The "Algorithm Room":
Can the "Design Inference"
Catch a Cheater?
Posted May 6, 2002
William A. Dembski's writings claim that algorithms cannot
produce Complex Specified Information (CSI), but intelligent
agents can. A recent posting of Dembski's introduced
qualifiers to CSI, so that we now have "apparent CSI" and
"actual CSI". Dembski categorizes as "apparent CSI" those
solutions which meet the formerly given criteria of CSI, but
which are produced via evolutionary computation. This is
contrasted with "actual CSI", in which a solution meets the
CSI criteria and which an intelligent agent produces. See
The Anti-Evolutionists: William A. Dembski
and follow the link for "Explaining Specified Complexity".
Dembski is also fond of both practical and hypothetical
illustrations to make his points. I'd like to propose a
hypothetical illustration to explore the utility of the
"apparent CSI"/"actual CSI" split.
Let's say that we have an intelligent agent in a room. The
room is equipped with all sorts of computers and tomes on
algorithms, including the complete works of Knuth. We'll call
this the "Algorithm Room". We pass a problem whose solution
would meet the criteria of CSI into the room (say, a 100-city
tour of the TSP or perhaps the Zeller congruence applied to
many dates). Enough time passes that our intelligent agent
could work the problem posed from first principles by hand
without recourse to references or other resources. The
correct solution is passed out of the room, with an statement
from the intelligent agent that no computational or reference
assistance was utilized. Under those circumstances, we pay
our intelligent agent at a high consultant rate. But if our
intelligent agent simply used the references or computers, he
would get paid at the lowly computer operator rate. We
suspect that our intelligent agent not only utilized the
references or computers to accomplish the task, but that he
also used the time thus freed up to do some light reading,
like "Once is Not Enough".
There are four broad categories of possible explanation of the
solution that was passed back out of the "Algorithm Room".
First, our intelligent agent might have employed chance,
throwing dice to come up with the solution, and then waiting
an appropriate period to pass the solution out. Given that
the solution actually did solve the problem passed in, we can
be highly confident that this category of explanation is not
the actual one. Second, our intelligent agent might have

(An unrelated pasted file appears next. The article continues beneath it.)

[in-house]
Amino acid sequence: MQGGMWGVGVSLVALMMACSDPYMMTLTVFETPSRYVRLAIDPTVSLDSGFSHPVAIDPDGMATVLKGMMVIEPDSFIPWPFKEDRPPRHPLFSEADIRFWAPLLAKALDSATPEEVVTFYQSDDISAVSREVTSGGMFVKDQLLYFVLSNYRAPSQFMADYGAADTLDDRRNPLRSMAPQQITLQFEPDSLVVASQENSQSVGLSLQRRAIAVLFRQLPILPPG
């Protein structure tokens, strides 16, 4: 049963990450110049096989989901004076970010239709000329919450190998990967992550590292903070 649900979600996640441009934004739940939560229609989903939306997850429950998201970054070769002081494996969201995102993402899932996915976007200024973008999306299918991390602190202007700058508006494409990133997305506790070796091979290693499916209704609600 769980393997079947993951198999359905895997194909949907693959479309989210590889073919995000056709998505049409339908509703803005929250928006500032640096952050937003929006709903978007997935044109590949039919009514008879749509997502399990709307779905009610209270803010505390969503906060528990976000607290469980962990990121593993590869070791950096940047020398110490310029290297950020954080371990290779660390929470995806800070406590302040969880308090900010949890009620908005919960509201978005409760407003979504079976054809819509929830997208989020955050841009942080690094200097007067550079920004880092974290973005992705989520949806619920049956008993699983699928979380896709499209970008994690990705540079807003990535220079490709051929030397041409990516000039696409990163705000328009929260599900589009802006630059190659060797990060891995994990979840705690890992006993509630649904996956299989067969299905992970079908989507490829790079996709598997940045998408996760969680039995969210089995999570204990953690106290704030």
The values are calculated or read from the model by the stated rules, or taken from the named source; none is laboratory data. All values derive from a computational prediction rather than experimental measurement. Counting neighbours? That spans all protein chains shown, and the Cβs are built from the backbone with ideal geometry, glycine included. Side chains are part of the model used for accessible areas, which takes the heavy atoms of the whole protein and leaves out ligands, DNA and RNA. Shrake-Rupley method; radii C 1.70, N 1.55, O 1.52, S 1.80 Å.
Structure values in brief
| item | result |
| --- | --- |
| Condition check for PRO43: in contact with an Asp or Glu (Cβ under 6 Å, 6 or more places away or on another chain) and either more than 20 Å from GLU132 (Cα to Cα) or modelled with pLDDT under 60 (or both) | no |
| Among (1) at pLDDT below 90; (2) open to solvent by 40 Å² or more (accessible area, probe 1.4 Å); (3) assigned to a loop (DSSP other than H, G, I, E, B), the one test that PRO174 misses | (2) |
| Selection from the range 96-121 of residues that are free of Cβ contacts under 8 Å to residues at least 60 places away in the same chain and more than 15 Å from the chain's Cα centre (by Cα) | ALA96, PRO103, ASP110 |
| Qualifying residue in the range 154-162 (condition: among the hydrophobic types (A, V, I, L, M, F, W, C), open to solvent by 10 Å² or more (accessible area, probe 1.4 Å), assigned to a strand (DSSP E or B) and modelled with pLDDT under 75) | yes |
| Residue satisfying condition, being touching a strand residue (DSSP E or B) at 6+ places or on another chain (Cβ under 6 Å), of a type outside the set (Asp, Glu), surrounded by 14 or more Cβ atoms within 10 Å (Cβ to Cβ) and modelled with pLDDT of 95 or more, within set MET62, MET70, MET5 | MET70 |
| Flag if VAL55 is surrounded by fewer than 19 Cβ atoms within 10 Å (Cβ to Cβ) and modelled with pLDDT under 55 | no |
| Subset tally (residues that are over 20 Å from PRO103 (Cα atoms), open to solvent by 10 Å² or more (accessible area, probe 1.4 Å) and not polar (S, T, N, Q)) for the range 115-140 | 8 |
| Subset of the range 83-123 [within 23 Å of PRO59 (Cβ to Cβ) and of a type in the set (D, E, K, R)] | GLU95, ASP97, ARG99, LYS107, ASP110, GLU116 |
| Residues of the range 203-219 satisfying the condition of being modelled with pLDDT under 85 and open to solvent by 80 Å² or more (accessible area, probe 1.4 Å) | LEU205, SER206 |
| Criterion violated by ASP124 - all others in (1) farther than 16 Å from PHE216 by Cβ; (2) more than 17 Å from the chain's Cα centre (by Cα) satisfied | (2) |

ignored every resource of the "Algorithm Room" and spent the
entire time working out the solution from the basic
information provided with the problem (distances between
cities or dates in question). Third, our intelligent agent
might have gone so far as to look up and apply, via pencil and
paper, some appropriate algorithm taken from one of the
reference books. In this case, the sole novel intelligent
action on our agent's part was looking up the algorithm.
Essentially, our agent utilized himself as a computer.
Fourth, our intelligent agent might simply have fed the basic
data into one of the computers and run an algorithm to pop out
the needed solution. Again, the intelligent agent's
deployment of intelligence stopped well short of being applied
to produce the actual solution to the problem at hand.
Because we suspect cheating, we wish to distinguish between a
solution that is the result of the third or fourth categories
of action, and a solution that is the result of the second
category of action of our intelligent agent. We have only the
attributes of the provided solution to the problem to go upon.
Can we make a determination as to whether cheating happened or
Dembski's article, "Explaining Specified Complexity",
critiques a specific evolutionary algorithm. Dembski does not
dispute that the solution represents CSI, but categorizes the
result as "apparent CSI" because the specific algorithm
critiqued must necessarily produce it. Dembski then claims
that this same critique applies to all evolutionary
algorithms, and Dembski includes natural selection within that
The question all this poses is whether Dembski's analytical
processes bearing upon CSI can, in the absence of further
information from inside the "Algorithm Room", decide whether
the solution received was actually the work of the intelligent
agent (and thus "actual CSI") or the product of an algorithm
falsely claimed to be the work of the intelligent agent (and
thus "apparent CSI")?
If Dembski's analytical techniques cannot resolve the issue of
possible cheating in the "Algorithm Room", how does he hope to
resolve the issue of whether certain features of biology are
necessarily the work of an intelligent agent or agents? If
Dembski has no solution to this dilemma, the Design Inference
Wesley R. Elsberry is a student in Wildlife & Fisheries Sciences, Tx A&M U.